New research has provided fresh hope for a Parkinson’s disease cure.
Scientists have discovered excessive calcium levels in the brain may be behind the condition that has previously left experts baffled.
Although the mineral plays a vital role in linking nerve endings with a protein, known as alpha-synuclein, which is critical for brain cell communication, excessive levels can trigger nerve cell death, a study found.
Study author Dr Amberley Stephens from Cambridge University, said: ‘There’s a fine balance of calcium and alpha-synuclein in the cell, and when there is too much of one or the other, the balance is tipped and aggregation begins, leading to Parkinson’s disease.’
Parkinson’s disease is caused by these proteins folding into the wrong shape and sticking together to form filament-like structures, however, it was previously unclear why this occurs.
The researchers hope their findings could lead to the development of new treatments, such as calcium blockers, to combat the incurable condition.
They add eating calcium-rich foods, such as cheese, is not linked to the disorder.
Senior author Dr Gabriele Kaminski Schierle added: ‘The study relates to the control of calcium levels which will be the same in any human being independent of its dietary intake.’
Around one in every 350 adults in the UK suffers from Parkinson’s disease.
DOES WEIGHT LOSS BENEFIT PARKINSON’S DISEASE SUFFERERS?
Weight loss in Parkinson’s disease sufferers increases their risk of suffering a premature death, dementia and loss of independence, research suggested in November 2017.
Although the study did not specify why weight loss worsens Parkinson’s patients’ outcomes, previous research has linked it to weakness, low blood pressure and osteoporosis.
Parkinson’s sufferers often struggle to maintain their weight due to the condition impacting their sense of smell, which can reduce their appetite.
Their ability to swallow is also often affected.
Patients may also suffer from depression as a result of their illness, which can further reduce their desire to eat.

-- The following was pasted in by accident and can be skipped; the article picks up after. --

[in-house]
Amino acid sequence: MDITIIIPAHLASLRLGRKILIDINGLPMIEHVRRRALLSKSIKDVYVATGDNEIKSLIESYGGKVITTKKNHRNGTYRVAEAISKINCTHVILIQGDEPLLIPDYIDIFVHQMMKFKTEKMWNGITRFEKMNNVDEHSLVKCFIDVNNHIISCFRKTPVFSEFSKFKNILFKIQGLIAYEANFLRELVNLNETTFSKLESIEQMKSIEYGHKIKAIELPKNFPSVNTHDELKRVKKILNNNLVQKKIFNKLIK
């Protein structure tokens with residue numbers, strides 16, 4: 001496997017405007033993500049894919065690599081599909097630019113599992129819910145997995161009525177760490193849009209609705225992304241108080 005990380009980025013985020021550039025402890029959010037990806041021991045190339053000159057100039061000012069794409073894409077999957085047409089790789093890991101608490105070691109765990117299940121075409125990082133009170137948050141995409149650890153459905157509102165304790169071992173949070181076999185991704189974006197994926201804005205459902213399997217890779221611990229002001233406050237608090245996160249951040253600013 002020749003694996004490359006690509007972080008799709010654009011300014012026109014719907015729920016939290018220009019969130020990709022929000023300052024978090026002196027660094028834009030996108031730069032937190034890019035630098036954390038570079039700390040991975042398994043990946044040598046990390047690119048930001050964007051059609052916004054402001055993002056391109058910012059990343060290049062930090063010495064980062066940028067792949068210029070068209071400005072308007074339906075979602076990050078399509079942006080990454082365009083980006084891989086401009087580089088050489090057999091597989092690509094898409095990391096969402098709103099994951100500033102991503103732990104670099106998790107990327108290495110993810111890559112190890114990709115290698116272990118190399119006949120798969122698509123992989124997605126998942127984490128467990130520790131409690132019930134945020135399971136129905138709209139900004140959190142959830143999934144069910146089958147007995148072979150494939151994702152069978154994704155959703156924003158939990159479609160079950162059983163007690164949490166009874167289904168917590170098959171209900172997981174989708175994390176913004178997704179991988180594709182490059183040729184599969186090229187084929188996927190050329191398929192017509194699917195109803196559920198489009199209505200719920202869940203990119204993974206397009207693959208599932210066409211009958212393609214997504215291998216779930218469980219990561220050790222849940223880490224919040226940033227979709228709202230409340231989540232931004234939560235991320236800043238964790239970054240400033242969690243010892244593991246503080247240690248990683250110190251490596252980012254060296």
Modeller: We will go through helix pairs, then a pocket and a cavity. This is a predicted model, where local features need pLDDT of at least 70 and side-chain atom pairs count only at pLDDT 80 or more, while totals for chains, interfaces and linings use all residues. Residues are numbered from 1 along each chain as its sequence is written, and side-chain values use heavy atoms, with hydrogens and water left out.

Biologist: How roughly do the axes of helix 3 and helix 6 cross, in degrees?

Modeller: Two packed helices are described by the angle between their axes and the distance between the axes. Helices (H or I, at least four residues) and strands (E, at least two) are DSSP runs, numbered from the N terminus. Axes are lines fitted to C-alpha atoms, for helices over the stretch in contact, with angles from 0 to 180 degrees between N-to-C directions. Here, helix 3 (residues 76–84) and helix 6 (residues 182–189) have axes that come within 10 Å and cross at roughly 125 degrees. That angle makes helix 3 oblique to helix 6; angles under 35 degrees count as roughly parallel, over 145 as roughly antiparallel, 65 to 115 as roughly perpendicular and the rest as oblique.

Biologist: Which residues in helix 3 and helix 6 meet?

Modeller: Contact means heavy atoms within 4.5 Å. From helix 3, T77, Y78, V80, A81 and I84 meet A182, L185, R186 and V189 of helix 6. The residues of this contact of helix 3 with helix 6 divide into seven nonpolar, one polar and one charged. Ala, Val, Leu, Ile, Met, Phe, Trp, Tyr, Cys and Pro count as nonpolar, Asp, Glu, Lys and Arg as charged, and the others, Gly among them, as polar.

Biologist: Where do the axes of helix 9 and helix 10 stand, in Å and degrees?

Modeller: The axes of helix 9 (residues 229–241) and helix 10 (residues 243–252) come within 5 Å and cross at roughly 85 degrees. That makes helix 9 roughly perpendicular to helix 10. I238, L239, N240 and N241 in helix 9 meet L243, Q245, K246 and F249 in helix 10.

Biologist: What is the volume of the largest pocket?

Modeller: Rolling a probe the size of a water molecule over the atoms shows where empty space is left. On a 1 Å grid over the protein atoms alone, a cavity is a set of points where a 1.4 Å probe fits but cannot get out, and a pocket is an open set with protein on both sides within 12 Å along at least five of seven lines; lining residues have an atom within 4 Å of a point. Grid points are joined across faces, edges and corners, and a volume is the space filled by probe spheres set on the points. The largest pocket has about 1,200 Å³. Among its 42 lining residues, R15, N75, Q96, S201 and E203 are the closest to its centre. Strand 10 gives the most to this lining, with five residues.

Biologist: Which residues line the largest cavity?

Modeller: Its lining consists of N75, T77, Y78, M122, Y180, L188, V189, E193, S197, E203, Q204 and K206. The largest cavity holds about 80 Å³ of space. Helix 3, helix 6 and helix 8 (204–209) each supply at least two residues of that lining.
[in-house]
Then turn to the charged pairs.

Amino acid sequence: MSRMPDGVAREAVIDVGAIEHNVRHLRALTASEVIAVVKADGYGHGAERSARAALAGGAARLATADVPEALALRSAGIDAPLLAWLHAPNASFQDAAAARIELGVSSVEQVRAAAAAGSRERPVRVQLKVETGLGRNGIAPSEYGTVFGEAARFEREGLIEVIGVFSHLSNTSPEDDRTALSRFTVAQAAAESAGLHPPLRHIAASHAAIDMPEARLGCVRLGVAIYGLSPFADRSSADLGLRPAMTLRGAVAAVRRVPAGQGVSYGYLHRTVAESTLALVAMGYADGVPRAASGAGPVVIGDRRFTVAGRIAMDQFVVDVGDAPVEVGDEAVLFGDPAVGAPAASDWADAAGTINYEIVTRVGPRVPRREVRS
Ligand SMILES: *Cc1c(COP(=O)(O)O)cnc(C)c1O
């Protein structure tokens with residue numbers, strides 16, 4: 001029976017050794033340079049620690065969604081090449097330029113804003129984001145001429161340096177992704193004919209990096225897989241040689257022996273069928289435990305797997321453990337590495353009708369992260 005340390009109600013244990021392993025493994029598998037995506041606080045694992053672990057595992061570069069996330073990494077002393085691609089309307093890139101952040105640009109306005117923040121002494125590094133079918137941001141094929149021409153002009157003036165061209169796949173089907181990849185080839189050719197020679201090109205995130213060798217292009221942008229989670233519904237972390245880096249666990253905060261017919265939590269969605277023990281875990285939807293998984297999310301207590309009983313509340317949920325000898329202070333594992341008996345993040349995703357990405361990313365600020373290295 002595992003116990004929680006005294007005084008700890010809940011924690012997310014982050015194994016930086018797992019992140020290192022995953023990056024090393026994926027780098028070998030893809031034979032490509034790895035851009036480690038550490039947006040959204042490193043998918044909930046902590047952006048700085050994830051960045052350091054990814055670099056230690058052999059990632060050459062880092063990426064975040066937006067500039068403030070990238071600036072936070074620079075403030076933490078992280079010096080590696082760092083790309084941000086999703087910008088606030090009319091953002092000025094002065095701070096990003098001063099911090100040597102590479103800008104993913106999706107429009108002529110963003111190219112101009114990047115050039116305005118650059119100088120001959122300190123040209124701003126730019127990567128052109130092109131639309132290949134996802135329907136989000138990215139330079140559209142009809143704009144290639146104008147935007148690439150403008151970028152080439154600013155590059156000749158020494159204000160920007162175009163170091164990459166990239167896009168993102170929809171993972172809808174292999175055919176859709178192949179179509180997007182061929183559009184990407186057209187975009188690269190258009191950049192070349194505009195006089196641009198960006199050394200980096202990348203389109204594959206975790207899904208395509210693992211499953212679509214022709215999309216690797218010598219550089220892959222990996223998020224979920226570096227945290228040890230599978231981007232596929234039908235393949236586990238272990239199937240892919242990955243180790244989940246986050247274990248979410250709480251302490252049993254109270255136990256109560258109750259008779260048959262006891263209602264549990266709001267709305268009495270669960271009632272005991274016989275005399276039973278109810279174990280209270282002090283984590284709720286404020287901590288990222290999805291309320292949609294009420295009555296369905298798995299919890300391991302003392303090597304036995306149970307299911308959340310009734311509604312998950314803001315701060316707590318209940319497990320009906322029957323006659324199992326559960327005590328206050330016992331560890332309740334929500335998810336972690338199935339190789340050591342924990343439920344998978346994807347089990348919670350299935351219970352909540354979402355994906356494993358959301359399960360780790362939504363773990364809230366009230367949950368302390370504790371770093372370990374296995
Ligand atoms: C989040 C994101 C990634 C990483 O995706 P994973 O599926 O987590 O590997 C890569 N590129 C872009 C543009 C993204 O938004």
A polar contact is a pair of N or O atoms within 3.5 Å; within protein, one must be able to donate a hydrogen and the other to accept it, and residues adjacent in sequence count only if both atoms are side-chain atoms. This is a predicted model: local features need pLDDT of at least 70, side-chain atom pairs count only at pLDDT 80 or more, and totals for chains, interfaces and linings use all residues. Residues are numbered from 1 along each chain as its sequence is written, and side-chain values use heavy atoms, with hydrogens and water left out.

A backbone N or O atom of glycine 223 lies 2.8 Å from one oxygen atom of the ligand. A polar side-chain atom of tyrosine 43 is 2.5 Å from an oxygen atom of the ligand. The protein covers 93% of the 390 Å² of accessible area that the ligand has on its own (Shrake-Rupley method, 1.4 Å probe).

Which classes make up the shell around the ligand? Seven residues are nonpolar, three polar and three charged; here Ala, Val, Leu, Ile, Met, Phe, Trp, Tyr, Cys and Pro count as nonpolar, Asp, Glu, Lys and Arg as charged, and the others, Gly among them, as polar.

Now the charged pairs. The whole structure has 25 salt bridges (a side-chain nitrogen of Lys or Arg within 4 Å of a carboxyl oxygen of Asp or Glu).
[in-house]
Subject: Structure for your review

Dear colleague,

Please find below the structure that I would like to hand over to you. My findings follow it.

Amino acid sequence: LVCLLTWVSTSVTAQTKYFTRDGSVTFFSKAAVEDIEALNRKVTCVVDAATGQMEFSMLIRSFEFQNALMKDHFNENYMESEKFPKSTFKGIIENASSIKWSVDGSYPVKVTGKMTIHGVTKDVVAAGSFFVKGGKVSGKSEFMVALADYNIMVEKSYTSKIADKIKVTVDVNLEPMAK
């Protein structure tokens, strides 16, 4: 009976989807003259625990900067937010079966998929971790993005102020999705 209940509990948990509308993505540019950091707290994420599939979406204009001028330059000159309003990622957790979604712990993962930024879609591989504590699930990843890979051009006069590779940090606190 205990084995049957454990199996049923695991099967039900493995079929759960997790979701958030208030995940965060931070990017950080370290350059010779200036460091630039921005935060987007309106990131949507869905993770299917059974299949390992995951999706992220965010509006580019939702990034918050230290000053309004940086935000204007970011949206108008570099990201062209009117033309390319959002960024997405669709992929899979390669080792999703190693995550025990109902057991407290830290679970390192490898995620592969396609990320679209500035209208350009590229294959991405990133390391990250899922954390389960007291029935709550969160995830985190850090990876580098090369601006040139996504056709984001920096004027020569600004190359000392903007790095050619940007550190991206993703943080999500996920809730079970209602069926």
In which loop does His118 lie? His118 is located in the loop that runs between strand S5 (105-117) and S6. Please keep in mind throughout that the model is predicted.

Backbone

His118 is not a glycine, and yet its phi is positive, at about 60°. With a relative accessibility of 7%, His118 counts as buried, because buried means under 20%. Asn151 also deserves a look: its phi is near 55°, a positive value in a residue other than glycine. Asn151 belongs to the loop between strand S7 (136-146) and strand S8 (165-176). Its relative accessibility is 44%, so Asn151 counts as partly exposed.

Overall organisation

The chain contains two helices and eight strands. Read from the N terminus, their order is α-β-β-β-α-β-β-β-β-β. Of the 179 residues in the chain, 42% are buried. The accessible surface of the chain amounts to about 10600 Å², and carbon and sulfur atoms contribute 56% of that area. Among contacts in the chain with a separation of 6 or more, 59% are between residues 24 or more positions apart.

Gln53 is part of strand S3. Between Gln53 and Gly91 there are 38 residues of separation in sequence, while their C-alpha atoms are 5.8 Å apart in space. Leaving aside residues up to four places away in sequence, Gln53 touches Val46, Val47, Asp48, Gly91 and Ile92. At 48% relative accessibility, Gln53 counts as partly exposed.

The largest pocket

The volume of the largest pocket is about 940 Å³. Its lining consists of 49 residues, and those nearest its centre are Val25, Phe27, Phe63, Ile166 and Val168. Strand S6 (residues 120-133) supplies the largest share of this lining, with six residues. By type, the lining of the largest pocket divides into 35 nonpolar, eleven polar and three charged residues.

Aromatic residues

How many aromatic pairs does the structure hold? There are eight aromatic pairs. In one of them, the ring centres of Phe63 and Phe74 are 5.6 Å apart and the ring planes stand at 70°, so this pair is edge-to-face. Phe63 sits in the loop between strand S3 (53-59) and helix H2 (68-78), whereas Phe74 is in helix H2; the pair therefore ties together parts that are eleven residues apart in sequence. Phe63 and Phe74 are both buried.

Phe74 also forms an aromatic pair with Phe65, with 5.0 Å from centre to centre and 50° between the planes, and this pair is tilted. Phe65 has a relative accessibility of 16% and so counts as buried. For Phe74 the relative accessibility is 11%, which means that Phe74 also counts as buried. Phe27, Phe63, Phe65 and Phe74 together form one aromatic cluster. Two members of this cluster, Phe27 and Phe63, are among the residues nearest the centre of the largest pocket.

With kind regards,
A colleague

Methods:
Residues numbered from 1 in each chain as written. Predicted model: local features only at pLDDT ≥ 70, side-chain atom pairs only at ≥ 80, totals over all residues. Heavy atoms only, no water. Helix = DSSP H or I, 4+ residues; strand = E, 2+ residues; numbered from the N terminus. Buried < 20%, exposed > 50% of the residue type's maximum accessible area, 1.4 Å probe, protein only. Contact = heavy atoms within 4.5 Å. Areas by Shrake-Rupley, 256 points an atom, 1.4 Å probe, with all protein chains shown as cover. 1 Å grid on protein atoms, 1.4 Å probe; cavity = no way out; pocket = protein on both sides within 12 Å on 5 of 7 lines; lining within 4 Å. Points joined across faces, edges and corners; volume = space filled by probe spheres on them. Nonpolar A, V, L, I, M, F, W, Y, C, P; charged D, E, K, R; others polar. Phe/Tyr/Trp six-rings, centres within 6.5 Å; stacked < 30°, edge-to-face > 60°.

Further research is required to determine if a high-calorie diet can reverse weight loss in Parkinson’s sufferers.
The researchers, from the University of Aberdeen, analysed 275 Parkinson disease patients, or those suffering from similar tremor-like symptoms, for up to 10 years.
The study’s participants’ weight and disease progression was monitored.
Calcium influences nerve cell communication
The researchers analysed synaptic vesicles, which are part of nerve cells that store the neurotransmitters that send signals from one cell to another.
Calcium, which is found in dairy, as well as kale and sesame seeds, plays a role in the release of these neurotransmitters.
The scientists observed that when calcium levels in the nerve cells increase, the alpha-synuclein binds to synaptic vesicles at multiple points.
This causes the vesicles to come together, which indicates the role of alpha-synuclein is to help the chemical transmission of information across nerve cells.
Study author Dr Janin Lautenschlager said: ‘We think alpha-synuclein is almost like a calcium sensor. In the presence of calcium it changes its structure and how it interacts with its environment.’
The findings were published in the journal Nature Communications.
‘Calcium may cause damage that leads to brain cell death’
Claire Bale, head of research communications at Parkinson’s UK, said: ‘We’ve known for some time too much calcium or too much alpha-synuclein, the main protein involved in Parkinson’s, causes problems for brain cells affected in the condition.
‘This particular study is interesting because it’s the first time research has shown there may be an important interplay between alpha-synuclein and calcium inside cells, which if disturbed, may cause the damage that ultimately leads to brain cell death.
‘Understanding exactly how and why brain cells stop working properly and die in Parkinson’s is still a mystery.
‘While more research will need to be done, this important new clue could be the key to better treatments in the future.’
Past research suggests obese people are nearly 20 per cent less likely to develop Parkinson’s
Obese people are nearly 20% less likely to develop Parkinson’s
This comes after research released in June 2017 suggested obese people are nearly 20 per cent less likely to develop Parkinson’s disease.
Having an obese BMI throughout your life lowers your risk of developing the condition by 18 per cent, a study review found.
This may be be due to the weight disorder sharing genetic variants with factors that protect against the neurological condition, according to researchers from University College London.
Yet, the researchers warn the health risks of carrying excessive weight will likely outweigh any reduced susceptibility to Parkinson’s.
They said: ‘Although our results suggest that higher BMI is potentially protective against Parkinson’s, the negative health impacts of raising BMI are likely to be significant, and should be taken into account.’